Every Californian can relate to the discomfort of hot weather. However, not everyone knows what it’s like to endure the summer heat while performing physically demanding labor. America’s agricultural workers are subject to incredibly dangerous work conditions that can lead to nausea, dehydration, heat stroke, and even death. The problem is compounded by climate change, which is fueling long, intense heat waves during the hottest months of the year.
INCIDENCE OF HEAT-RELATED ILLNESS AND DEATH ON THE JOB
Research shows that agricultural workers, along with construction workers, experience a greater incidence of heat-related illness and death on the job compared to workers in other industries. Not only are outdoor workers exposed to high temperatures and direct sunlight, but these employees also have to work quickly, as they’re often paid by the size of their harvest, not by the hour.
INCREASE IN WORKERS’ COMP COSTS FOR EMPLOYERS
From 1992 through 2016, nearly 800 workers died from heat-related illness, according to the Bureau of Labor Statistics (BLS). Unfortunately, this figure grossly understates the actual number of heat-related deaths. The statistics reported by the BLS does not take into account self-employed people, household workers, or government workers. Heat-related deaths are also underreported because employers don’t want to increase their workers’ comp costs.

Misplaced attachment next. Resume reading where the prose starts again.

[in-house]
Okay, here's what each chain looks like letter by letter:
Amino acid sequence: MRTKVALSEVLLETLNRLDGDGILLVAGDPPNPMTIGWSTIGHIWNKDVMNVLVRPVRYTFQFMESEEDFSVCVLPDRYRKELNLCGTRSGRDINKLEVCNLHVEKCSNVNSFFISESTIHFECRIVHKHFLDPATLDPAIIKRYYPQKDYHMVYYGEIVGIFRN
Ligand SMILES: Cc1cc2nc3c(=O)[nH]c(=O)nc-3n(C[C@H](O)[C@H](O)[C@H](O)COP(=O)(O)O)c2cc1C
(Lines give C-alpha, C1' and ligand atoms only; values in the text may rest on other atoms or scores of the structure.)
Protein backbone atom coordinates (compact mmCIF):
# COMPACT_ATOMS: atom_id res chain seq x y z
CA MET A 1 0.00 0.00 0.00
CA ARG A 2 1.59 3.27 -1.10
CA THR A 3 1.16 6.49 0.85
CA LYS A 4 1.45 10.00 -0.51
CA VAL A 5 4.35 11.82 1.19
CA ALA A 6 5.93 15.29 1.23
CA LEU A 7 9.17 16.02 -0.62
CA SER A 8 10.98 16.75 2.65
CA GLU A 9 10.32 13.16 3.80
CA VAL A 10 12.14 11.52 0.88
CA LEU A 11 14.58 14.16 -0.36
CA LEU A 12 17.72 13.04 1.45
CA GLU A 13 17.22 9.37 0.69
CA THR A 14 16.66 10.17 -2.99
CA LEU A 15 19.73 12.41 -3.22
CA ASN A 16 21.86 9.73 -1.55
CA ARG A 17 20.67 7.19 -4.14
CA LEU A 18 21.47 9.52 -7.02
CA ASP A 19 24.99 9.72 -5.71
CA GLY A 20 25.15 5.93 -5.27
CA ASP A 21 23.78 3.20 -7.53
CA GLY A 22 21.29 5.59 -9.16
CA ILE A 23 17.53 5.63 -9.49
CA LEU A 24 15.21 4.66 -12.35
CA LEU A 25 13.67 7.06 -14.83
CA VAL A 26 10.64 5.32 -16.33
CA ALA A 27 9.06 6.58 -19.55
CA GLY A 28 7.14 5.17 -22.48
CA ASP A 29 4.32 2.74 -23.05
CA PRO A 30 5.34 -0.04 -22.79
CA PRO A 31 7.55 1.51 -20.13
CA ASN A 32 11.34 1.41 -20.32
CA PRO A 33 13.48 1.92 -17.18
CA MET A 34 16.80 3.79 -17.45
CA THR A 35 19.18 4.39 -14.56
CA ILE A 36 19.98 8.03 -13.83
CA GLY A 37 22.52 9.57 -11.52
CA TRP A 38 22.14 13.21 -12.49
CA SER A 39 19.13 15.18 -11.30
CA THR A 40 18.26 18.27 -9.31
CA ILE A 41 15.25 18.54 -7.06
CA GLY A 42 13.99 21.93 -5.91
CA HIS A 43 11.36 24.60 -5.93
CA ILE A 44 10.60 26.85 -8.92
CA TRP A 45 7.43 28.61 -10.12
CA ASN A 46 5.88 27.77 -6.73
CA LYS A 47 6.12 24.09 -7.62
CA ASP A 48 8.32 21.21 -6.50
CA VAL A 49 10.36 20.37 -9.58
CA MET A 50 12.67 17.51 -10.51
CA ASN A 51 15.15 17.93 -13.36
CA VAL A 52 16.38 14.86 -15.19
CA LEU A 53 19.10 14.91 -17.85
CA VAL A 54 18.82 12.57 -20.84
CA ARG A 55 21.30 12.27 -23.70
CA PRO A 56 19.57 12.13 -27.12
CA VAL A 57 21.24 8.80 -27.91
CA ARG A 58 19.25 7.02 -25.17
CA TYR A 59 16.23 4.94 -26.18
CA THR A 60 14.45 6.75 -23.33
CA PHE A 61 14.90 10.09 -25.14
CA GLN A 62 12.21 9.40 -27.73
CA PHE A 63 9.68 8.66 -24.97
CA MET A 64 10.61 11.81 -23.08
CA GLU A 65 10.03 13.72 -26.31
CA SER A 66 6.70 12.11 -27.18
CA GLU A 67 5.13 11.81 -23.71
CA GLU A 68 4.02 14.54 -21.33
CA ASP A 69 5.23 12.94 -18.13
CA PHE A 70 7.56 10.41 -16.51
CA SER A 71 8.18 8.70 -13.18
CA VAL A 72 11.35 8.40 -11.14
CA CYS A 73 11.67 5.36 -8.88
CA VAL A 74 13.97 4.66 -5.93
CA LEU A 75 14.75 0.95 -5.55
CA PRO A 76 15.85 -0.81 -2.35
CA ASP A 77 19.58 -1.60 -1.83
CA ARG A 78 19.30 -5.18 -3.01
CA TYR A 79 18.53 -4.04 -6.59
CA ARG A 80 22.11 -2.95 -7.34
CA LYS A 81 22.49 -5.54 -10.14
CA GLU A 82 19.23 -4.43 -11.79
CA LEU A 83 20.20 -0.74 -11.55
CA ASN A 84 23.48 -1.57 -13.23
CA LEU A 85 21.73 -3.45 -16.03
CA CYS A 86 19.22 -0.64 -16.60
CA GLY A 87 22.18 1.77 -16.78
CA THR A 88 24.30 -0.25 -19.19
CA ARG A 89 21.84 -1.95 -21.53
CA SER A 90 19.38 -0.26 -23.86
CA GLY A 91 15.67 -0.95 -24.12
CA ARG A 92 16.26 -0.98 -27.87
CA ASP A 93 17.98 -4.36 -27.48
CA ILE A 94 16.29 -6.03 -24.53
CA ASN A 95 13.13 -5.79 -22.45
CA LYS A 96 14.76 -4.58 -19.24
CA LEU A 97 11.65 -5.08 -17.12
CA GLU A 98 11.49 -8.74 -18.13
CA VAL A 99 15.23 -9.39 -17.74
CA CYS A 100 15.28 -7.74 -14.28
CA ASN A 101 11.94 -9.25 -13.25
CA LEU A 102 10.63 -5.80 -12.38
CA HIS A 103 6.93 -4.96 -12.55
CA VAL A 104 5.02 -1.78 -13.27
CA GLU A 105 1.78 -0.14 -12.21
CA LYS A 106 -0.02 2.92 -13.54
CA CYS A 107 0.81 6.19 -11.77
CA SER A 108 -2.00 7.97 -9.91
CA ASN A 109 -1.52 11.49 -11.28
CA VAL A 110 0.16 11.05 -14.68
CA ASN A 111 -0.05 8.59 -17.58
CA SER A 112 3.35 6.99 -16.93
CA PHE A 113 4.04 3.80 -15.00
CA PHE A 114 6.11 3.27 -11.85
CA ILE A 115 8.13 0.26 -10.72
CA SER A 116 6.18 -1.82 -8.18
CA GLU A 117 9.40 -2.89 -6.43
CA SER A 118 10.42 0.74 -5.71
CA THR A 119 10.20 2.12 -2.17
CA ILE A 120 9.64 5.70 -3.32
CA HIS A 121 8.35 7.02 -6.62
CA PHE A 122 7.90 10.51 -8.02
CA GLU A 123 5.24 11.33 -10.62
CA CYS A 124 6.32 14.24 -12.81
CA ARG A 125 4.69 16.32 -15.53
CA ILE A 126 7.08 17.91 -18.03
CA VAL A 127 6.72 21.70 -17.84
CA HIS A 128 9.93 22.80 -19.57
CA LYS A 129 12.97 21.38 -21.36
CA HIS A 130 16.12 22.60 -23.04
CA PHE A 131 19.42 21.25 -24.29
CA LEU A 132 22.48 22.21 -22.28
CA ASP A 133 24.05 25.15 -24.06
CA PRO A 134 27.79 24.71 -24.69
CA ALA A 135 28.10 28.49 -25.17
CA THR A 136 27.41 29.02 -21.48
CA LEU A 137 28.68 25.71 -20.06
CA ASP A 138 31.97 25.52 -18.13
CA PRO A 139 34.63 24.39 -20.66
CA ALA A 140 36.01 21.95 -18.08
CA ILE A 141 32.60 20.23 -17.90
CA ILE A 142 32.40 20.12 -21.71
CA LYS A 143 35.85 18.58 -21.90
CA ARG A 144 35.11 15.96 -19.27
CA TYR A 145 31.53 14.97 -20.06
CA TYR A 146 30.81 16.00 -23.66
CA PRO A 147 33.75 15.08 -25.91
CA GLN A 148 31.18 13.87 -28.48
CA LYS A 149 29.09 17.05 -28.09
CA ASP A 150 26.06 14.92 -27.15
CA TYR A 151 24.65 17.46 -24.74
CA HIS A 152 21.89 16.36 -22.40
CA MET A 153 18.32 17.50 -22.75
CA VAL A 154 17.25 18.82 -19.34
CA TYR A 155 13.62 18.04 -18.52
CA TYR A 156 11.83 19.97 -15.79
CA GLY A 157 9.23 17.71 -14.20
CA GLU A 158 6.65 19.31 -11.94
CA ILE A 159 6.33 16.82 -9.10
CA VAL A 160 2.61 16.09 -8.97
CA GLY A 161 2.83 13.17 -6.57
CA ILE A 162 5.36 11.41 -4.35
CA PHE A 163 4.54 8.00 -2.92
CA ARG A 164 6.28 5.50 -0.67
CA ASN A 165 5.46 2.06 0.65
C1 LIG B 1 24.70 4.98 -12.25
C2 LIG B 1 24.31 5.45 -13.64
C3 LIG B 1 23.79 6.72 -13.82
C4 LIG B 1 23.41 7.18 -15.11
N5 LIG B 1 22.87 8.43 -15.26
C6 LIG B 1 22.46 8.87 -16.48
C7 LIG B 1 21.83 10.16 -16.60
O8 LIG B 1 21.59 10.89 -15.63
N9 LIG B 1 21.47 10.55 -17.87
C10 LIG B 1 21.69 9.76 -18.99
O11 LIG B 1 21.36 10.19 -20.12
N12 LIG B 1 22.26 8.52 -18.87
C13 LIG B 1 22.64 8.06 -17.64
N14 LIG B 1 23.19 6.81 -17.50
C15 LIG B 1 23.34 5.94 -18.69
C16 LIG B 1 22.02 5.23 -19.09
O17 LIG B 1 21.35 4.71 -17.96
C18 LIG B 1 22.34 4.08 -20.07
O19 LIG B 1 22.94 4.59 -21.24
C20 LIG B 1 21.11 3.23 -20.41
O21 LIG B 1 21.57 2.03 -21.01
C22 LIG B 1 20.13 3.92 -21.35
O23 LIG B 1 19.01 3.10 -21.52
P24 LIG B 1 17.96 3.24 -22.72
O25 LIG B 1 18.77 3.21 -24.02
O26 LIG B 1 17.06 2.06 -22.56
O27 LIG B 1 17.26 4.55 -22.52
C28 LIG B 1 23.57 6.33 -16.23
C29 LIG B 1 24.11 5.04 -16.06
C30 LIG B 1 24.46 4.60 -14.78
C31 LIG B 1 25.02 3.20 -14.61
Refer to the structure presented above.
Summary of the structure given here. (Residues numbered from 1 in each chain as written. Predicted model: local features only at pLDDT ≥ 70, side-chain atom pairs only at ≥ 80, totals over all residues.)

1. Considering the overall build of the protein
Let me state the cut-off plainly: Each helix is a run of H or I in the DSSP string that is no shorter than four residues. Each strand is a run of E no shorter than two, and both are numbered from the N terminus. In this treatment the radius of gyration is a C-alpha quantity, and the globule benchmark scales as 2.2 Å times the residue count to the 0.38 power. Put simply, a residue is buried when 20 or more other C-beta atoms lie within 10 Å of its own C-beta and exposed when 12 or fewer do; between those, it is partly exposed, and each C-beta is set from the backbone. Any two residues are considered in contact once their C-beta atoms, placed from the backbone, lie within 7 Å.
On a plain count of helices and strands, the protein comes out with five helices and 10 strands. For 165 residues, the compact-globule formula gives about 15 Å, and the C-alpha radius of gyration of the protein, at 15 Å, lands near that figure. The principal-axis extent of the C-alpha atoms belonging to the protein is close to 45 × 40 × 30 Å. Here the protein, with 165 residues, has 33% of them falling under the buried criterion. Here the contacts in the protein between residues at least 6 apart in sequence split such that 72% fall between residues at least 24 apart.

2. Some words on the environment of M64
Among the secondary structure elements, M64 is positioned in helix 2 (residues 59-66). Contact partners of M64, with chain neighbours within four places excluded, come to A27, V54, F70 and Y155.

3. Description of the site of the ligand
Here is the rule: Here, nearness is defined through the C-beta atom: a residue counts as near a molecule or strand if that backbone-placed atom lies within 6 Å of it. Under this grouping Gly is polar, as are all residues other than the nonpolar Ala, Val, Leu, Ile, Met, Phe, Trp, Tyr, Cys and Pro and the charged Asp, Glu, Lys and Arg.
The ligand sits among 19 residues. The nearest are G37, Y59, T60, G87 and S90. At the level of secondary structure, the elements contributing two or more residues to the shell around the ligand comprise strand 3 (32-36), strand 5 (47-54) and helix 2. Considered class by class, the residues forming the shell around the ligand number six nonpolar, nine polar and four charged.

OCCUPATIONAL SAFETY AND HEALTH ADMINISTRATION (OSHA)
Shockingly, there is no protection from heat illness under federal law aside from the Occupational Safety and Health Administration (OSHA) general duty clause. California, on the other hand, has adopted workplace safety standards specifically designed to prevent heat stress and heat stroke.
The California Occupational Safety and Health Administration (Cal/OSHA) enacted the nation’s most stringent heat illness prevention laws in 2005 after four agricultural workers died from heat exposure in the field. Employers are now required to:
Train all employees and supervisors about heat illness prevention.
Provide enough water so each employee can drink at least one quart per hour?and encourage them to do so.
Provide access to shade and encourage employees to cool down and rest for at least five minutes.
Develop and implement written procedures for complying with the Cal/OSHA Heat Illness Prevention Standard.
HARBORING A SAFE WORK ENVIRONMENT FOR AGRICULTURAL WORKERS
While state regulations hold employers responsible for harboring a safe work environment, agricultural workers face challenges in complying with these standards. Drinking water means taking more bathroom breaks, which results in lower production and lower pay. What’s more, many employees don’t tell their supervisors when they’re suffering from heat stress for fear of being pulled off the job or retaliated against. This can be incredibly dangerous, as workers only have 20 minutes to seek treatment for heat stress before heat stroke can set in.
If you have suffered from heat stress or heat stroke and suspect your employer is in violation of California’s heat illness prevention laws, you can file a workplace safety complaint by calling the Cal/OSHA district office that serves the location of your job site. Then, call a workers’ comp lawyer who can help you get the compensation you rightfully deserve.
AGRICULTURAL WORKERS IN CALIFORNIA ARE ELIGIBLE FOR WORKERS’ COMP
Many states do not require agricultural employers to provide workers’ comp for their hardworking employees. Luckily, California isn’t one of them. Agricultural workers in California are protected under workers’ compensation to the same extent as workers in other industries. This means you can receive medical treatment for your heat-related illness and compensation that replaces a portion of your income while you’re unable to work. Contact the attorneys at The Law Office of Matthew Russell to schedule your free consultation and learn how we can help.